The Feast of All Saints of the Order provides the occasion, therefore, to reflect upon the importance of the young members of our Order and on the service we are called to give to young people in the Church.
“Special attention should be given to the pastoral, catechetical and liturgical care of youth, who are to be encouraged both individually and in groups to follow Christ generously after the example and spirituality of our Holy Father St. Augustine.” (Constitutions, n. 156).
The Church has, over recent decades, made an explicit “preferential option for young people”. First expressed in Latin America (Puebla, 1979), it was affirmed by Pope John Paul II, in his message to young people on the occasion of the Second World Youth Day in 1987. This year, in Madrid, Pope Benedict XVI urged bishops, priests and religious to continue reaching out to young men and women, to invite them to know Christ and to be a part of the Church. This is a commitment that we need to make and to strengthen, in all of our ministries.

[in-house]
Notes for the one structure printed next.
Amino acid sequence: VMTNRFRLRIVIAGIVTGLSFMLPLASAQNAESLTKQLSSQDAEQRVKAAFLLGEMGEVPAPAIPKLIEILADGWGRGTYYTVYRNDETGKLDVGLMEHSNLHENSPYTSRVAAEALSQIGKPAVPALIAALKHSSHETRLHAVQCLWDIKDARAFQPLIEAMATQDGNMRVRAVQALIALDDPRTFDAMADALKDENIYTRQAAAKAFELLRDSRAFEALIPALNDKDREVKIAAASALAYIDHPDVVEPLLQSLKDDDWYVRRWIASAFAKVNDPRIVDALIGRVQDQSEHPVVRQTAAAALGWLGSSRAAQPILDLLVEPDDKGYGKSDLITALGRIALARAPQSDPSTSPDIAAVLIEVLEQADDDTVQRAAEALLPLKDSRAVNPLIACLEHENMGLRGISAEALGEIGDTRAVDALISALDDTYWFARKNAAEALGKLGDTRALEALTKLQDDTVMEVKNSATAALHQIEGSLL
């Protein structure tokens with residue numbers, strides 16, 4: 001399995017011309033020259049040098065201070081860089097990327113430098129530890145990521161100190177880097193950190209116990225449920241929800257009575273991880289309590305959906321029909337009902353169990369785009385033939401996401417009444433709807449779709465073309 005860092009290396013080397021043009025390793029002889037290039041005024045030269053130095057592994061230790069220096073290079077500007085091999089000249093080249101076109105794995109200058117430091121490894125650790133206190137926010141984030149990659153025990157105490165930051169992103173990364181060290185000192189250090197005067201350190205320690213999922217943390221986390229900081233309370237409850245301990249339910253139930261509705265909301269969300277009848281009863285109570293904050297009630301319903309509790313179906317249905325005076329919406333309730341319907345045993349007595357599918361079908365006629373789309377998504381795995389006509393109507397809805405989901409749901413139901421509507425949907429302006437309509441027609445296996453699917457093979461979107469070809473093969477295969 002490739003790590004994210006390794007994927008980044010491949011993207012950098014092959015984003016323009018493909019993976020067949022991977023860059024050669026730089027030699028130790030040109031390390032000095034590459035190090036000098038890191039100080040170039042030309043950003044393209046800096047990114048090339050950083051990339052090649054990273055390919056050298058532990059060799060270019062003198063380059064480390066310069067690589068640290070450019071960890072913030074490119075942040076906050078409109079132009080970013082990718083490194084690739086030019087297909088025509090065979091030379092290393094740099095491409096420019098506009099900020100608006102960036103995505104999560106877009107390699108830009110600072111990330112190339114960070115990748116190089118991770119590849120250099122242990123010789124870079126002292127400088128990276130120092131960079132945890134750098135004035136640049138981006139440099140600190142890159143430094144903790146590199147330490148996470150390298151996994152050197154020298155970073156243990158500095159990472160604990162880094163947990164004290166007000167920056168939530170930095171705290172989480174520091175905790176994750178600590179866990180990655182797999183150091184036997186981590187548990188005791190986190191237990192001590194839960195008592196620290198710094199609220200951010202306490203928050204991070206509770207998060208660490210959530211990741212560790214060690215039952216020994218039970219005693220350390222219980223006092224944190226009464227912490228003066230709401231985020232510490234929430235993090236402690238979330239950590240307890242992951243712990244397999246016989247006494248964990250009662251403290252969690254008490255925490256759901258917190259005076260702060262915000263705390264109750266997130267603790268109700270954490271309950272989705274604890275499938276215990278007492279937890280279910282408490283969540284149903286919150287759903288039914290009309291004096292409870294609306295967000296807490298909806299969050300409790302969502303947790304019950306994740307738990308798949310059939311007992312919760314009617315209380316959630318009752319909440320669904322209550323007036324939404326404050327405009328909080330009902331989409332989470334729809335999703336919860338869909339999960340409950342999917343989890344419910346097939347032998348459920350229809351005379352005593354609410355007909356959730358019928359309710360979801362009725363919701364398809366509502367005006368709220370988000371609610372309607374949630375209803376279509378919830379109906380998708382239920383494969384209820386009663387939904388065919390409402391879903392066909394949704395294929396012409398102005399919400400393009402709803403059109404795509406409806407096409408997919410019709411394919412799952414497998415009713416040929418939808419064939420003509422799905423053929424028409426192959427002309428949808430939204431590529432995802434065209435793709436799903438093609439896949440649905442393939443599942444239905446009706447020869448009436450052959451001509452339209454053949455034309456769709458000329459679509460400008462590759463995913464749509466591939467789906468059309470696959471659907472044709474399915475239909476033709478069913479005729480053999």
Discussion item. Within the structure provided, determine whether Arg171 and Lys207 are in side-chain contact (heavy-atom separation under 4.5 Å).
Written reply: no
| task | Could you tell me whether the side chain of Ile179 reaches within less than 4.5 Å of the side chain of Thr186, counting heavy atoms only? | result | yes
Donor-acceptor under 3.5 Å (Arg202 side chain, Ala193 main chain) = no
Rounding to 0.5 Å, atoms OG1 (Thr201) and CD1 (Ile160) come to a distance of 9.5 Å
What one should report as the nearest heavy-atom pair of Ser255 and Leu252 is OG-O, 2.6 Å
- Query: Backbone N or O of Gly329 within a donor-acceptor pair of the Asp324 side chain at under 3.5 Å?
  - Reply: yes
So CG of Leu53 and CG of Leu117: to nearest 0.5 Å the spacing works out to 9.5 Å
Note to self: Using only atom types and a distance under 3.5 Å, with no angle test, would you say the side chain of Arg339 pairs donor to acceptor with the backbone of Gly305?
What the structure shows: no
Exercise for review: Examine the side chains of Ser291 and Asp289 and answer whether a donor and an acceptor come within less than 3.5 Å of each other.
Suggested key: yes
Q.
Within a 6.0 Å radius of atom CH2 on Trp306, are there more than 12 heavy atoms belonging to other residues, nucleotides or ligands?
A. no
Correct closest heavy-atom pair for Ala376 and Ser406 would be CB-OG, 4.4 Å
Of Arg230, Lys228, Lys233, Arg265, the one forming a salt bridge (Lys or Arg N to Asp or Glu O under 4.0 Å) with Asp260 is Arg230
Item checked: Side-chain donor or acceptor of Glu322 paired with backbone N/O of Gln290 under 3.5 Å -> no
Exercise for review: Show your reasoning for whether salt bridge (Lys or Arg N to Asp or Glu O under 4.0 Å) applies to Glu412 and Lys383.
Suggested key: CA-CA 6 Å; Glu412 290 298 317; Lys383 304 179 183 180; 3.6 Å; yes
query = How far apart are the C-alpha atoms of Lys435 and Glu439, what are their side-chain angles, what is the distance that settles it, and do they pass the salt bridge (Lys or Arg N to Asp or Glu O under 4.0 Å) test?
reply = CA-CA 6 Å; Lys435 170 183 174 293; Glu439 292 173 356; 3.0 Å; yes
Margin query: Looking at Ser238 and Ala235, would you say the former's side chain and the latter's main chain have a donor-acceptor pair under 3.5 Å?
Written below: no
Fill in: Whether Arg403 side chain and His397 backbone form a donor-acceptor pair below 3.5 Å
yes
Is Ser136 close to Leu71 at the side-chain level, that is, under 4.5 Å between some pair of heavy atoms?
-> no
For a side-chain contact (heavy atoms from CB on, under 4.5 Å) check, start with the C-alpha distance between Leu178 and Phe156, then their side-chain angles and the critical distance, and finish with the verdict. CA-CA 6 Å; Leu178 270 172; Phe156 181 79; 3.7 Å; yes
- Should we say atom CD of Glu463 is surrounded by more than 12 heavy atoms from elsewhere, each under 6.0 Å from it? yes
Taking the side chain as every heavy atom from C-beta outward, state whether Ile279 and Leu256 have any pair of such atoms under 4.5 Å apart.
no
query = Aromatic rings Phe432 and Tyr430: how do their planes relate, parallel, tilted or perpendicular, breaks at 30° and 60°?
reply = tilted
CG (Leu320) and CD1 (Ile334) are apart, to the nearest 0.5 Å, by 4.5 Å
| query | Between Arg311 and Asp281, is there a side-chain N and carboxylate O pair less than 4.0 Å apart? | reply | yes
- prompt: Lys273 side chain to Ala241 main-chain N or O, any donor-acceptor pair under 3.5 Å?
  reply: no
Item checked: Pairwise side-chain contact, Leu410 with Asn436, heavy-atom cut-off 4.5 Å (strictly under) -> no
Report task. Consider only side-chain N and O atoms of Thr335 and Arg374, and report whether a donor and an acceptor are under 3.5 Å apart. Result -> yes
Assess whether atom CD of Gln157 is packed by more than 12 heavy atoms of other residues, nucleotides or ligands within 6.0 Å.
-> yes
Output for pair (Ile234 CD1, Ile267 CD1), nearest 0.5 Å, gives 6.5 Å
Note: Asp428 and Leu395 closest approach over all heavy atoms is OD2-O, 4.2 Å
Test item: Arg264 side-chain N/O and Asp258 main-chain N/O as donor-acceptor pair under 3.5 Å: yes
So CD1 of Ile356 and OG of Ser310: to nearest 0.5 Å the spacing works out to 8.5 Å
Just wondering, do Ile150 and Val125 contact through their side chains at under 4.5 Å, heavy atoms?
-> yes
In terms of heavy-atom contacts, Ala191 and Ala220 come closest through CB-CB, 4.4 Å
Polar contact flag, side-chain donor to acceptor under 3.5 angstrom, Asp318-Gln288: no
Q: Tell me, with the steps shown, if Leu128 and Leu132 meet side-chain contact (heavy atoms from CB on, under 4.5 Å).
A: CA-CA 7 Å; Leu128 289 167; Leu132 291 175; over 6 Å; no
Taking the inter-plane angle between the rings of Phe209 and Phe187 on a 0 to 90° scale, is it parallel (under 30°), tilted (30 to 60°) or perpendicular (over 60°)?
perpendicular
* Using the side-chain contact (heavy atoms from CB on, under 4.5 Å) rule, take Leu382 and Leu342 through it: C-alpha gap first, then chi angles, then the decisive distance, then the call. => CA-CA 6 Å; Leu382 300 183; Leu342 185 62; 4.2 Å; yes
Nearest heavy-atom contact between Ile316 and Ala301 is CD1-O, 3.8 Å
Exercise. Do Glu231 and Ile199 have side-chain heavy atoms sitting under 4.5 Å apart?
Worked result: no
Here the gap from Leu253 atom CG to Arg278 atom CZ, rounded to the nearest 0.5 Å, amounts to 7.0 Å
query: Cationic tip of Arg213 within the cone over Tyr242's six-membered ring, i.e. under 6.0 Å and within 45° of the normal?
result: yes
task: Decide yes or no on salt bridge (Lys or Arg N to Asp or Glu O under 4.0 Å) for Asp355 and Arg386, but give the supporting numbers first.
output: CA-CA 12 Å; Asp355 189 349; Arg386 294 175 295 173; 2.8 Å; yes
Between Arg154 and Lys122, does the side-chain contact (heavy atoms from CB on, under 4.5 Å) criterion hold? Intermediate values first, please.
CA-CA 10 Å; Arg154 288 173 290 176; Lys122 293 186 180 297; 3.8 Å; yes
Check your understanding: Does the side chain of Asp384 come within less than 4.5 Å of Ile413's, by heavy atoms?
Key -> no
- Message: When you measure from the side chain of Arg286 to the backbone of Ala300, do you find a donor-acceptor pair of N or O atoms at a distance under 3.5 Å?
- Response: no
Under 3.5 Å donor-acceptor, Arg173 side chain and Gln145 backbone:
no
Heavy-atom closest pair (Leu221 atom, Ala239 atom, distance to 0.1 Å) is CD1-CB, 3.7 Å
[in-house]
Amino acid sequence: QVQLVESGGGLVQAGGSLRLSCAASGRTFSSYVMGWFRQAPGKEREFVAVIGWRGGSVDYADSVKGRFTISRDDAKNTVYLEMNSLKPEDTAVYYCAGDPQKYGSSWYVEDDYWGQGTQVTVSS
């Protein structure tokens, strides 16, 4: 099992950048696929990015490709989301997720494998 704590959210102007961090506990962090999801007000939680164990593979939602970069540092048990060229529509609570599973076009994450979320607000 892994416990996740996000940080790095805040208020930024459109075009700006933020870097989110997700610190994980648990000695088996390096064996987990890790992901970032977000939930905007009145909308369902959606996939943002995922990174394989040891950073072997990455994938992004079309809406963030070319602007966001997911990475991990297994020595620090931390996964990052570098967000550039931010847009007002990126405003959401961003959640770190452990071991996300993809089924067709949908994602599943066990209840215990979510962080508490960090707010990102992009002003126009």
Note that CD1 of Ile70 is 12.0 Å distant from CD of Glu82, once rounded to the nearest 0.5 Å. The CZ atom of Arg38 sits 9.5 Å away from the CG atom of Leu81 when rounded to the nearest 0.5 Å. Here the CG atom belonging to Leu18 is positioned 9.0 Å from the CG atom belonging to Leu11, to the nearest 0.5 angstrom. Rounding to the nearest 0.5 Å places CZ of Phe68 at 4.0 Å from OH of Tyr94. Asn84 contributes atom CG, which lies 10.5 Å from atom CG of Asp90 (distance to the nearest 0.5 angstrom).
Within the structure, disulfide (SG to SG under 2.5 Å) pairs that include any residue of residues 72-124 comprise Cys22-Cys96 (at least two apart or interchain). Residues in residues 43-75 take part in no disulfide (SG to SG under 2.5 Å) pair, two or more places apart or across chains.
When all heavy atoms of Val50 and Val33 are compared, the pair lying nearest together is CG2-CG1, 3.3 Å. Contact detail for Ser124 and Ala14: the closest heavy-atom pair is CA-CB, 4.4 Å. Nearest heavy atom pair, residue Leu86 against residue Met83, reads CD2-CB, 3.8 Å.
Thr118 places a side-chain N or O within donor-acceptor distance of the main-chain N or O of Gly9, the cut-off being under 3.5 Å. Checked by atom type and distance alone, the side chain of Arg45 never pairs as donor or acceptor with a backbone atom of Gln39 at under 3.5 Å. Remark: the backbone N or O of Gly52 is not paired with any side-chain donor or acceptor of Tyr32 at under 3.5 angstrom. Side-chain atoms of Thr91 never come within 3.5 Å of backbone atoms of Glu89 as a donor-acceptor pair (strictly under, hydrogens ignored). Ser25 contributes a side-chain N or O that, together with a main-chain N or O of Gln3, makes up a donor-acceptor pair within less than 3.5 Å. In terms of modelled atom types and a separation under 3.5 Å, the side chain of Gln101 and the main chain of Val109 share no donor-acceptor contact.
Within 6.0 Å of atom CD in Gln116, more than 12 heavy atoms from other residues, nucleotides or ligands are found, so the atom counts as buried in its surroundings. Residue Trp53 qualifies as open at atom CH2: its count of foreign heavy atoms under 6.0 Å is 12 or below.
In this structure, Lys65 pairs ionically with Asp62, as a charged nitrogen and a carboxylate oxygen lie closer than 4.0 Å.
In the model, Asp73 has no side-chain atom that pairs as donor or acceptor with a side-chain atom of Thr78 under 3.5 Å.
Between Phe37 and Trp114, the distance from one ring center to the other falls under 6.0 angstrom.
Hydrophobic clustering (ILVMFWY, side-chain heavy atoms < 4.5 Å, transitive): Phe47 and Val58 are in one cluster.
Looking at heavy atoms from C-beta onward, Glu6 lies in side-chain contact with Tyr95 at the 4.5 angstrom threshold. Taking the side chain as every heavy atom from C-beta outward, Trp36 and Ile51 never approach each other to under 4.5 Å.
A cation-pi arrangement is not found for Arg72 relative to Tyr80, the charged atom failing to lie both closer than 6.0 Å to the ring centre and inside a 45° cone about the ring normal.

In the various youth gatherings in which I have taken part, I have usually had the opportunity to meet with the group leaders and Augustinian friars who give so much time and effort to the organization and promotion of such events. Several times, in speaking with youth ministers about the challenges of their work, I have been told that the most difficult challenge to them comes at times from the indifference of other Augustinian friars. I ask myself, just as youth ministers have asked me, how to explain the lack of support (perceived or otherwise) from some friars. I want to invite all of you to reflect about and to search for ways in which we can better promote various forms of youth ministry, including the sharing of Augustinian spirituality with others. Young people are looking for friendship, they want to belong to a community where they will feel welcomed and affirmed. The treasure that we hold in Augustine’s writings and in his own experience of conversion and growth in faith is something that is highly attractive and meaningful to young people. And yet, for some reason, we are not always prepared or willing to share the treasure we have received.